HEALTH CARE PROVIDER license defense. Experienced nurse attorney is available to represent nurses, physicians, pharmacists, dentists, veterinarians and other licensed health care professionals before the various licensing boards or to respond to an attorney general’s office license investigation. Lorie A. Brown, RN, MN, JD, email@example.com, 317/465-1065.
MEDIATION TRAINING: Certified 40-hour Domestic Relations Mediation Course, July 22-26, Fort Wayne. This course sells out. Register at JanetMitchellMediation.com, 260/4837660 or firstname.lastname@example.org.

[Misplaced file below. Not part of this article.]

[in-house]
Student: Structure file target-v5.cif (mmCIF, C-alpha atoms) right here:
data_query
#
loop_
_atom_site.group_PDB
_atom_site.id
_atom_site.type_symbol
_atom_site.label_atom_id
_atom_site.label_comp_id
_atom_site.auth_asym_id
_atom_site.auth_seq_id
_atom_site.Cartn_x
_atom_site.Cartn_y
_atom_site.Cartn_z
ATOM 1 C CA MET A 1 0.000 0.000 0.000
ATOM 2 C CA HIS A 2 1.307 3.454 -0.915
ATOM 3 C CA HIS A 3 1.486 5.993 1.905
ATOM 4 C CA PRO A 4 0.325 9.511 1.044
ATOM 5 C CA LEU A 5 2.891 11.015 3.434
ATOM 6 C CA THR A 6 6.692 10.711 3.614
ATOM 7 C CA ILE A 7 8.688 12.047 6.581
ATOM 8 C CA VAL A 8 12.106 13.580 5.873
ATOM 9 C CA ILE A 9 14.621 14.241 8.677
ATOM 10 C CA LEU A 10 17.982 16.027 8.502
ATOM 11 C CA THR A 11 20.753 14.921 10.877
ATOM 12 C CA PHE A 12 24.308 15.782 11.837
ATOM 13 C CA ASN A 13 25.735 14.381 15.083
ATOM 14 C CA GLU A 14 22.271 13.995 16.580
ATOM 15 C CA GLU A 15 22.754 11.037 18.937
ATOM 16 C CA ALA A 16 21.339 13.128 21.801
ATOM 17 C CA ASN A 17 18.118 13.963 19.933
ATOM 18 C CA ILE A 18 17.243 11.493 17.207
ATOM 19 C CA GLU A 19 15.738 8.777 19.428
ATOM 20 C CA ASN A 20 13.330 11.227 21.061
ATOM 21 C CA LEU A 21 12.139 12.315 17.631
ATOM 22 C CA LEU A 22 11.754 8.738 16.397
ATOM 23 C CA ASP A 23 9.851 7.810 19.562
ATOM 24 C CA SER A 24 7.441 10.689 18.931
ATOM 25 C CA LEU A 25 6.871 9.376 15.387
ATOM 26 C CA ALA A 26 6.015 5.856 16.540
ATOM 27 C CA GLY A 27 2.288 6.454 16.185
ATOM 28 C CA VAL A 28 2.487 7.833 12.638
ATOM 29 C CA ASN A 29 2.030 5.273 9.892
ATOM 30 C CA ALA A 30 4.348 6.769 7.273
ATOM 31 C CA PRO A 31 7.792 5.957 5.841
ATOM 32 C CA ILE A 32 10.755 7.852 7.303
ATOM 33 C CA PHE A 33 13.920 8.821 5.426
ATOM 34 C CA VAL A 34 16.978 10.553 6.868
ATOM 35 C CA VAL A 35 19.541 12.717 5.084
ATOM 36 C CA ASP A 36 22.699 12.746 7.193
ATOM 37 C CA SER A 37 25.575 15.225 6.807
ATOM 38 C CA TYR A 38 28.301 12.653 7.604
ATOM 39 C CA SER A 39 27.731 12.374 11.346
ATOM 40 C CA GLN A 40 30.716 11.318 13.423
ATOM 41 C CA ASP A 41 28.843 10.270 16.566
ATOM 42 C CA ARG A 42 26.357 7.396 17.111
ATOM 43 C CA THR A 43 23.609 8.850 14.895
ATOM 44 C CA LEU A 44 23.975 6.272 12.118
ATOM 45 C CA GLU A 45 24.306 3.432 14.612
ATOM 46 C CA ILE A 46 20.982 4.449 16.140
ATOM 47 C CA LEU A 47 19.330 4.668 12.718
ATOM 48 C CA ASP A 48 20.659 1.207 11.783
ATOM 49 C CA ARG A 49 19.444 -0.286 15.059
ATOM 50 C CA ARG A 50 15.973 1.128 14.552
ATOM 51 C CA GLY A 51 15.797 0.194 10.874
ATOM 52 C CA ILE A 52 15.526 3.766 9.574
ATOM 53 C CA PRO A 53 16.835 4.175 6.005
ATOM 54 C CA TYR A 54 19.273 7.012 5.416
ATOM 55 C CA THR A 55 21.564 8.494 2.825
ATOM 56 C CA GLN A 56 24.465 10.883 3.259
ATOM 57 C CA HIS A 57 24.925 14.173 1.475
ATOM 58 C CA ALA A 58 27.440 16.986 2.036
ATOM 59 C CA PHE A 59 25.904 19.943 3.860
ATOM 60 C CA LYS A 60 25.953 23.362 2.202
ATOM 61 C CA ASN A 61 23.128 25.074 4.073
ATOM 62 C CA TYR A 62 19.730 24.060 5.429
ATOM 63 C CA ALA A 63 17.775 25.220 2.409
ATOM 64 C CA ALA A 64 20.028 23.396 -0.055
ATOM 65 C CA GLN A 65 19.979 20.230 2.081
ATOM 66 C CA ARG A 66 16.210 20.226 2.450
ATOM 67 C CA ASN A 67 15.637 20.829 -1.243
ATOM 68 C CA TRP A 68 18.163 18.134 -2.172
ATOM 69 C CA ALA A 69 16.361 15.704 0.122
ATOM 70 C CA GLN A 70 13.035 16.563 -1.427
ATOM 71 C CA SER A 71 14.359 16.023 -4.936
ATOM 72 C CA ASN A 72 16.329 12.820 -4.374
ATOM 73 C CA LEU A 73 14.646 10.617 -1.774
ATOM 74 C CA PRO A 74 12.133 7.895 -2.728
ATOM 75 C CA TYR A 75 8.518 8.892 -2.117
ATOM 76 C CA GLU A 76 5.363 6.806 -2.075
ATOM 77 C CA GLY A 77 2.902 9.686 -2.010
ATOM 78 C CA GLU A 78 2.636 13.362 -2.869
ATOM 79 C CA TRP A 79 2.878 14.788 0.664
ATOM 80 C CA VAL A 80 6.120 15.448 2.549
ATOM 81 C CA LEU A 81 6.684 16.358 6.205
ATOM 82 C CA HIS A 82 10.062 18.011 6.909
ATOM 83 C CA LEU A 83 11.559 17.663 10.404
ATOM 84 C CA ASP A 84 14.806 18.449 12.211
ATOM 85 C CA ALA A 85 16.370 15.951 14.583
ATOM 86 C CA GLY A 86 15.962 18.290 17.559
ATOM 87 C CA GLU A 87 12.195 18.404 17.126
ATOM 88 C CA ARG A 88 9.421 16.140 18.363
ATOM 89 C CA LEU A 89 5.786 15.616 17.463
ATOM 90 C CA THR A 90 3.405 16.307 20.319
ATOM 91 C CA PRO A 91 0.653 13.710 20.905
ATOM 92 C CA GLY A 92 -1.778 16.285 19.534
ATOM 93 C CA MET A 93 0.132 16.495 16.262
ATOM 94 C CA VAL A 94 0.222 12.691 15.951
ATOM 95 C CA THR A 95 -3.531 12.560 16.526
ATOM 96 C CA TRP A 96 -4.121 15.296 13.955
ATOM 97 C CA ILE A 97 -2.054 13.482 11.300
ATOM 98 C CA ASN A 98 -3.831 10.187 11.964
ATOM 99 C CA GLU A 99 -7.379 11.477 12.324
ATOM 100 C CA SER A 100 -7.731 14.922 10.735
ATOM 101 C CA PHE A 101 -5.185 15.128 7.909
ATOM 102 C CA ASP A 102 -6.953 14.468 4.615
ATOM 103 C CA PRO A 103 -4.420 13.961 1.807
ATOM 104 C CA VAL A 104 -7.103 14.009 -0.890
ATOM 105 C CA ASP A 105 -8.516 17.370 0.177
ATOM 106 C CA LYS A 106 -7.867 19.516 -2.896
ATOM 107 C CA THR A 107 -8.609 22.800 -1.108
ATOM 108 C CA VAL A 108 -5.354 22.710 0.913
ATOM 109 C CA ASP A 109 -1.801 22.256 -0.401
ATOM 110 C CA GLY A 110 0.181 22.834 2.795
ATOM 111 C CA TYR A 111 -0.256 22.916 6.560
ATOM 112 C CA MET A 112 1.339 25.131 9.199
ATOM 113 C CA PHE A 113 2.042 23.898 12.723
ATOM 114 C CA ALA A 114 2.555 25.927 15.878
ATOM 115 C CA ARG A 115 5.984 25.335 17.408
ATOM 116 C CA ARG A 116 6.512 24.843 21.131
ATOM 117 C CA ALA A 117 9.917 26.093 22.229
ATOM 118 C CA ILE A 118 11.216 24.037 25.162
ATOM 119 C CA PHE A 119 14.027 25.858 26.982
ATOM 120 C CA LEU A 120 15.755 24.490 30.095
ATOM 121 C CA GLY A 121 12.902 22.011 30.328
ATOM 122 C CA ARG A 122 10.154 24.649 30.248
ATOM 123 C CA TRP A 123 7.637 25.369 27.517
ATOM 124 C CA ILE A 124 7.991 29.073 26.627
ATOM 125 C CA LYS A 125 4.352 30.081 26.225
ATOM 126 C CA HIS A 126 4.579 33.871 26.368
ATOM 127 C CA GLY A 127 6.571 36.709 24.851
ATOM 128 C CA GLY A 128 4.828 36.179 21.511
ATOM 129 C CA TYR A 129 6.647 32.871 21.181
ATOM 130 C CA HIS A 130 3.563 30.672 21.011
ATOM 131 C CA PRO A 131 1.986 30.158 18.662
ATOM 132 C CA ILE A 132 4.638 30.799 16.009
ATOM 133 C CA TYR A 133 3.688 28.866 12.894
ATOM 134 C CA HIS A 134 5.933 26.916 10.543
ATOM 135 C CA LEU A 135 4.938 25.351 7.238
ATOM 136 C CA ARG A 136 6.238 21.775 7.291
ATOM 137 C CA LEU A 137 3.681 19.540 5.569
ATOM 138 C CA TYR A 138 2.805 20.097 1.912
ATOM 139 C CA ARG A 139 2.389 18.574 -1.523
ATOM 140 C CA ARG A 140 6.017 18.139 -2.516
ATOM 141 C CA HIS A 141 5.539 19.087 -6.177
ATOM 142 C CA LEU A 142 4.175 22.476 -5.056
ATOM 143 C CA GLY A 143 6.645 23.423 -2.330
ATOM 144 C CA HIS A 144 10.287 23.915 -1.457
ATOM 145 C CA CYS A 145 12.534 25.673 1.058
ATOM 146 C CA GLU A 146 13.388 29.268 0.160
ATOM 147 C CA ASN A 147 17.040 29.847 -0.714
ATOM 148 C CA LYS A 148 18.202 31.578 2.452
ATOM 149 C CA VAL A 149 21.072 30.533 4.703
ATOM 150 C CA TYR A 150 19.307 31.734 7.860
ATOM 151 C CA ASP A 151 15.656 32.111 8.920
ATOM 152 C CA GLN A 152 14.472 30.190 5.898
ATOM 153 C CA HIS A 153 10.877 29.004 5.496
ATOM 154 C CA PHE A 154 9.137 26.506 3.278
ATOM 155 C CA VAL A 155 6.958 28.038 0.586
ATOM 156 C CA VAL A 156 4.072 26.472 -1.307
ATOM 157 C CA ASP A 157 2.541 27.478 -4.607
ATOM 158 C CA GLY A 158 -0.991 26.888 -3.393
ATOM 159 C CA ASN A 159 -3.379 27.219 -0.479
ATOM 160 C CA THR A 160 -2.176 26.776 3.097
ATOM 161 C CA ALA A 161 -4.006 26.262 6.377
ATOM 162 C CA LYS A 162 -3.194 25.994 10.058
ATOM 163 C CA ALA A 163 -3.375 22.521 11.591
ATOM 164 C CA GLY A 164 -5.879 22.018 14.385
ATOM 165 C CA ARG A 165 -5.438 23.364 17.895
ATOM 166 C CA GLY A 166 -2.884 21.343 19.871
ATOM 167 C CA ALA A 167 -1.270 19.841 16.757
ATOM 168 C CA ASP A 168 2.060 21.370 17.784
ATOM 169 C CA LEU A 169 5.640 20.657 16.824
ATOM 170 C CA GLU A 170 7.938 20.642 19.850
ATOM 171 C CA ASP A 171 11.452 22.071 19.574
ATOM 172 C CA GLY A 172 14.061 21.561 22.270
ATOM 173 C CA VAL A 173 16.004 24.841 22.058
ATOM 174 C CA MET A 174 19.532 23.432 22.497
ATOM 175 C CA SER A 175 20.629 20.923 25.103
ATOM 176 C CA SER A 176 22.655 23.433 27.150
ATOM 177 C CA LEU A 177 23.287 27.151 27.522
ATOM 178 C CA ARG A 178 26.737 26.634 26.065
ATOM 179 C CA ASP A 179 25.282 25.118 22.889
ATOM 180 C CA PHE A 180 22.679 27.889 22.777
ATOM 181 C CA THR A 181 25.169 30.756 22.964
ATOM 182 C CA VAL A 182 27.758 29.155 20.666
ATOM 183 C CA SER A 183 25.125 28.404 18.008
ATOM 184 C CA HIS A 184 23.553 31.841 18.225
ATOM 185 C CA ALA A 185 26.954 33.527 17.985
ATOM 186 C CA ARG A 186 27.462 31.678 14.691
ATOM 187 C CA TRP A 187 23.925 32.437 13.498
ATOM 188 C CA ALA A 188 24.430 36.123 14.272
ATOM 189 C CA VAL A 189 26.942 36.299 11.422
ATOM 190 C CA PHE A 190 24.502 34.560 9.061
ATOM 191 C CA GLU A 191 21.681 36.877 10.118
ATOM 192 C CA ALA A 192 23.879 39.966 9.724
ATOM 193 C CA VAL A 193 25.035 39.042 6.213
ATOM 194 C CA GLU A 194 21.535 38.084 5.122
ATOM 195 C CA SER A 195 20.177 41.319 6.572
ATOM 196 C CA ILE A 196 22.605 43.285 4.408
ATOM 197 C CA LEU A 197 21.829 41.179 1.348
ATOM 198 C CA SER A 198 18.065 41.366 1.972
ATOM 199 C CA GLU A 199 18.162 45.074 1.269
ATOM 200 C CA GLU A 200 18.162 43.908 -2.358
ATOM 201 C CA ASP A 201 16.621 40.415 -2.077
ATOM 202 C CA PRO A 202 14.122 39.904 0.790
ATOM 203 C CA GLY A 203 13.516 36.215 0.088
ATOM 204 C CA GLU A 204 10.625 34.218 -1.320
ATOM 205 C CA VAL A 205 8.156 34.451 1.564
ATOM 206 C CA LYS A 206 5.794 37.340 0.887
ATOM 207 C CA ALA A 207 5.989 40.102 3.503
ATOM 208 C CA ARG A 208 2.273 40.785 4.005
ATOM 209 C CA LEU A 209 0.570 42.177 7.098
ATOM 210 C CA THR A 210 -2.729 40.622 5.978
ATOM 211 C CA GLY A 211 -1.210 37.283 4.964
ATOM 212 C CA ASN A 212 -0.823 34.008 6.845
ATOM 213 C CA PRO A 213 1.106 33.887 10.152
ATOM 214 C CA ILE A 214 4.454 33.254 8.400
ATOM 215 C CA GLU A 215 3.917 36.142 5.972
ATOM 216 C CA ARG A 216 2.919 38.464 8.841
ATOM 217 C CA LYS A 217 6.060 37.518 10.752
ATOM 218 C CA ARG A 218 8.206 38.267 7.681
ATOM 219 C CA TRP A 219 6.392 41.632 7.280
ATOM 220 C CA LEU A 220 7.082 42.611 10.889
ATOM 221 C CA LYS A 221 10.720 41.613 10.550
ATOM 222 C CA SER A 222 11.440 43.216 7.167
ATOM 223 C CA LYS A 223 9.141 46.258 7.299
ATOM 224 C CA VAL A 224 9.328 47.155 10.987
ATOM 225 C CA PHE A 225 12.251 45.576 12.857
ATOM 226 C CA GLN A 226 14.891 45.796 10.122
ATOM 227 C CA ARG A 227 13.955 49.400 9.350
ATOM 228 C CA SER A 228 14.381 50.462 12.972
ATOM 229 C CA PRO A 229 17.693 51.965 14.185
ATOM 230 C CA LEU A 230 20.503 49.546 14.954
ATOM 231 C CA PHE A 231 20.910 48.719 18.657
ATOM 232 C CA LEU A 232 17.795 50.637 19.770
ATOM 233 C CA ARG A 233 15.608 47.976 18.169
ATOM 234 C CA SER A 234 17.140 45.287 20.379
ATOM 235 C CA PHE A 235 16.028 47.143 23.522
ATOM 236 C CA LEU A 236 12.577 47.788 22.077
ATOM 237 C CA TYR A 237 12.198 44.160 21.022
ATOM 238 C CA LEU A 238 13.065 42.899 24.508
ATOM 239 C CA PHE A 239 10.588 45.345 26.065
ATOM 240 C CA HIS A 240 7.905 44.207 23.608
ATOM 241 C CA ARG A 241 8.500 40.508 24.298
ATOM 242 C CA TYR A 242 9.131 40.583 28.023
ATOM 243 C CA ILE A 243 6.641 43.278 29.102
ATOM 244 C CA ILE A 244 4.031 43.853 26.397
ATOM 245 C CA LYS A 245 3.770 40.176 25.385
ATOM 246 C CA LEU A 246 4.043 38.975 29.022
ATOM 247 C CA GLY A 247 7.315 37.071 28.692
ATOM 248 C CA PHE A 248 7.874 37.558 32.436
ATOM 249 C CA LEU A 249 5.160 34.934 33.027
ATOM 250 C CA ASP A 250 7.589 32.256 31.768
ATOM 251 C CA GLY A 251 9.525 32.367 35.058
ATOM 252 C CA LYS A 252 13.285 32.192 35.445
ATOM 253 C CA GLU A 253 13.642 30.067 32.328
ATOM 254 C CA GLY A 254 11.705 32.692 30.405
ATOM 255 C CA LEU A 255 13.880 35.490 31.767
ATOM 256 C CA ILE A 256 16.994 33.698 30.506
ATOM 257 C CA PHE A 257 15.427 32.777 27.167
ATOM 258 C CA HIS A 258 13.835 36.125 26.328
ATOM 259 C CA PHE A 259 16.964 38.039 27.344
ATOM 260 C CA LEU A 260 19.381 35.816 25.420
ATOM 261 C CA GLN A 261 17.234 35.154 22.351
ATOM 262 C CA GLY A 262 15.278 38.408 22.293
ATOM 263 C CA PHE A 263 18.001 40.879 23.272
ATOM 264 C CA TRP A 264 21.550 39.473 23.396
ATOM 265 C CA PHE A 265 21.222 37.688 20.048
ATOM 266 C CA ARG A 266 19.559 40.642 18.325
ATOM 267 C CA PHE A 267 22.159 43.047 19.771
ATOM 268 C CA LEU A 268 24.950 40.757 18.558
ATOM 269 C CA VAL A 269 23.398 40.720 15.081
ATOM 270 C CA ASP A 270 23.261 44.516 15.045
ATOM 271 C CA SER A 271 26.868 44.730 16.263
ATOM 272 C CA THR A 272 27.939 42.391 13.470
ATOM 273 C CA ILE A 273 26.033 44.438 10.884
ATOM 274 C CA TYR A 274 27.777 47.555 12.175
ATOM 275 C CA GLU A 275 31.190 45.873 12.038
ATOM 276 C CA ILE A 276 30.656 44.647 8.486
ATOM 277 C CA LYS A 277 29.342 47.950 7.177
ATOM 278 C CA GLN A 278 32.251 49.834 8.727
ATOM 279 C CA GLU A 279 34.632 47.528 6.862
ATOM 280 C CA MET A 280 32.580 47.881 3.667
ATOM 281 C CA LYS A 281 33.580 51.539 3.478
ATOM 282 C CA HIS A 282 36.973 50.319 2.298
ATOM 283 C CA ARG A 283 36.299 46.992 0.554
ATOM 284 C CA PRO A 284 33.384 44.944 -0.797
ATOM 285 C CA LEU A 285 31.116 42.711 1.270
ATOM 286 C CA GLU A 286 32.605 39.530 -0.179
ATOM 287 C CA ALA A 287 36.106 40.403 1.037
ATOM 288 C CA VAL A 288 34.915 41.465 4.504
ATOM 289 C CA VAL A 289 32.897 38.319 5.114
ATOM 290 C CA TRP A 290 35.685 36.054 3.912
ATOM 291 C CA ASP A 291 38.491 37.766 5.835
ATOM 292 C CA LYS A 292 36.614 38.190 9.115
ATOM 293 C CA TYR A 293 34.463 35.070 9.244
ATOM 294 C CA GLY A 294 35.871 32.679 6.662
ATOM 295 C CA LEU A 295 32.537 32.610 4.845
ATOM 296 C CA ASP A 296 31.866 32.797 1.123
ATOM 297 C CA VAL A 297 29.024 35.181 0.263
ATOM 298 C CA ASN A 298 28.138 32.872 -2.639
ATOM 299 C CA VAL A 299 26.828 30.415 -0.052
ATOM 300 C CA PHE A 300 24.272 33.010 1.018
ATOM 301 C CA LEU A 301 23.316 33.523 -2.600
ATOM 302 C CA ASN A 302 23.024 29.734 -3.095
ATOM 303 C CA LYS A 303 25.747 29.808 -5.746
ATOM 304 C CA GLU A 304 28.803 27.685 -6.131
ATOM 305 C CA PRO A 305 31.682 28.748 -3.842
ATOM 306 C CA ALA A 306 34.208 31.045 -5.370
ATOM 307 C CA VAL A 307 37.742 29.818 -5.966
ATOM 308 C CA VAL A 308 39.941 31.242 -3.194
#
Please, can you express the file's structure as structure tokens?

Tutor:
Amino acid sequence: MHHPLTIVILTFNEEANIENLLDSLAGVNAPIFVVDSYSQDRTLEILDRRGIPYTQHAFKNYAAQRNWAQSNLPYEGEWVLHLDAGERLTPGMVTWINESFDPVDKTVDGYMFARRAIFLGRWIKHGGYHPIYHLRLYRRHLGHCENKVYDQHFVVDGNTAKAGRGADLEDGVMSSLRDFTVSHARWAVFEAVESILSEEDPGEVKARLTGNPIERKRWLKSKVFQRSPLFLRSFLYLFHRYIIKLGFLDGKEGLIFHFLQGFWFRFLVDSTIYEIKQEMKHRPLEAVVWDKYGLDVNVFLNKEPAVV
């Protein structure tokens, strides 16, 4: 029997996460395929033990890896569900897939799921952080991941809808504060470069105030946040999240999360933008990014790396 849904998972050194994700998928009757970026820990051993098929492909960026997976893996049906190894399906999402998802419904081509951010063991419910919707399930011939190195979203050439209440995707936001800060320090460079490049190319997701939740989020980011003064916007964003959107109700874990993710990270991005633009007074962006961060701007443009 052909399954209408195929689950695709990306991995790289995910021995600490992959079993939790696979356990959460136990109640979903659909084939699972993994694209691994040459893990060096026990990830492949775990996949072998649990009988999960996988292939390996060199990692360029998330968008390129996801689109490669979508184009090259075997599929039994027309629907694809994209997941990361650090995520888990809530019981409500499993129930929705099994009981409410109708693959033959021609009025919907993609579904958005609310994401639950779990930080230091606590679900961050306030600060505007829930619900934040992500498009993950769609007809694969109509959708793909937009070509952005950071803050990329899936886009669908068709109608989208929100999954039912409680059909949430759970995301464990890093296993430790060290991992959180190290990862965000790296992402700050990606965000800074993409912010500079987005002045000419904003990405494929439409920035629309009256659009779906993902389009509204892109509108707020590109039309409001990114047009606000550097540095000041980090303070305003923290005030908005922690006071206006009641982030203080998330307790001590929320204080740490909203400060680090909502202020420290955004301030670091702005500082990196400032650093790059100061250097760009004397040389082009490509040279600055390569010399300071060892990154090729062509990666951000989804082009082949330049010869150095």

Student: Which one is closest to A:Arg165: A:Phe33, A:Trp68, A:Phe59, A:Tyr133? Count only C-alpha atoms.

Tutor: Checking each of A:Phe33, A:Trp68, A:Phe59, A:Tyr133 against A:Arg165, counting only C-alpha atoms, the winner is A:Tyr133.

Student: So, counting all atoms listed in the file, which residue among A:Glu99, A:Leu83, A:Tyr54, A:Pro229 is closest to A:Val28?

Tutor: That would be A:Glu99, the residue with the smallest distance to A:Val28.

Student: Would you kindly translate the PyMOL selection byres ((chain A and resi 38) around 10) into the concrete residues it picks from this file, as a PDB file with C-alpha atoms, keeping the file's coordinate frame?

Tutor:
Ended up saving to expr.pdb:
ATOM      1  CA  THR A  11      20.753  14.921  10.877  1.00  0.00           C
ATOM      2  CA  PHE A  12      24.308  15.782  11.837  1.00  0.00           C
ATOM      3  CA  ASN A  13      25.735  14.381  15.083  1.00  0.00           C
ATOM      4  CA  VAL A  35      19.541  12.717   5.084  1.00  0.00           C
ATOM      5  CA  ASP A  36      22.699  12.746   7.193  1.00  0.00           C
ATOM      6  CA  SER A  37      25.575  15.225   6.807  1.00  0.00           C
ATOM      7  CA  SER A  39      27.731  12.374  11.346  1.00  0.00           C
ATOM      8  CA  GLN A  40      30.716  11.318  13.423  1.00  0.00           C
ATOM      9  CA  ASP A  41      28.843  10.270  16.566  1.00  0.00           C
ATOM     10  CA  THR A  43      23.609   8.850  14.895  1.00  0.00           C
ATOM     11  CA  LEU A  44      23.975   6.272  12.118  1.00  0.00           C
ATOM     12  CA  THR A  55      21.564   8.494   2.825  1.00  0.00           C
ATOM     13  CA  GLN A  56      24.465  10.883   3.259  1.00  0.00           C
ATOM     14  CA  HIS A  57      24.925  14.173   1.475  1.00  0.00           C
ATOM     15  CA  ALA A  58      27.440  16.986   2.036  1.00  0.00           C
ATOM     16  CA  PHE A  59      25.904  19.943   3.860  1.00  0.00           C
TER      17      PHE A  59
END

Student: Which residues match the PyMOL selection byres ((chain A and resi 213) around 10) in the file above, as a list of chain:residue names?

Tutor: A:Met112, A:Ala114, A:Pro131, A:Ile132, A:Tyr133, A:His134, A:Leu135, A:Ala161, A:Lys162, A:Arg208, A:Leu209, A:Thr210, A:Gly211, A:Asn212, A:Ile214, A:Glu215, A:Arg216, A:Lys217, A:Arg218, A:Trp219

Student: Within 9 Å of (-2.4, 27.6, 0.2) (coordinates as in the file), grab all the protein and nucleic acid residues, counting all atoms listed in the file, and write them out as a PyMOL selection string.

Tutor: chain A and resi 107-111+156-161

LAW OFFICE, northside Indy, downsizing: desk, 2-seat couch, 2 chairs, picture, antique table, misc. Call 317/580-2525.
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RES GESTÆ • MAY 2016
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By Terry W. Tolliver
Recognizing nonlegal community service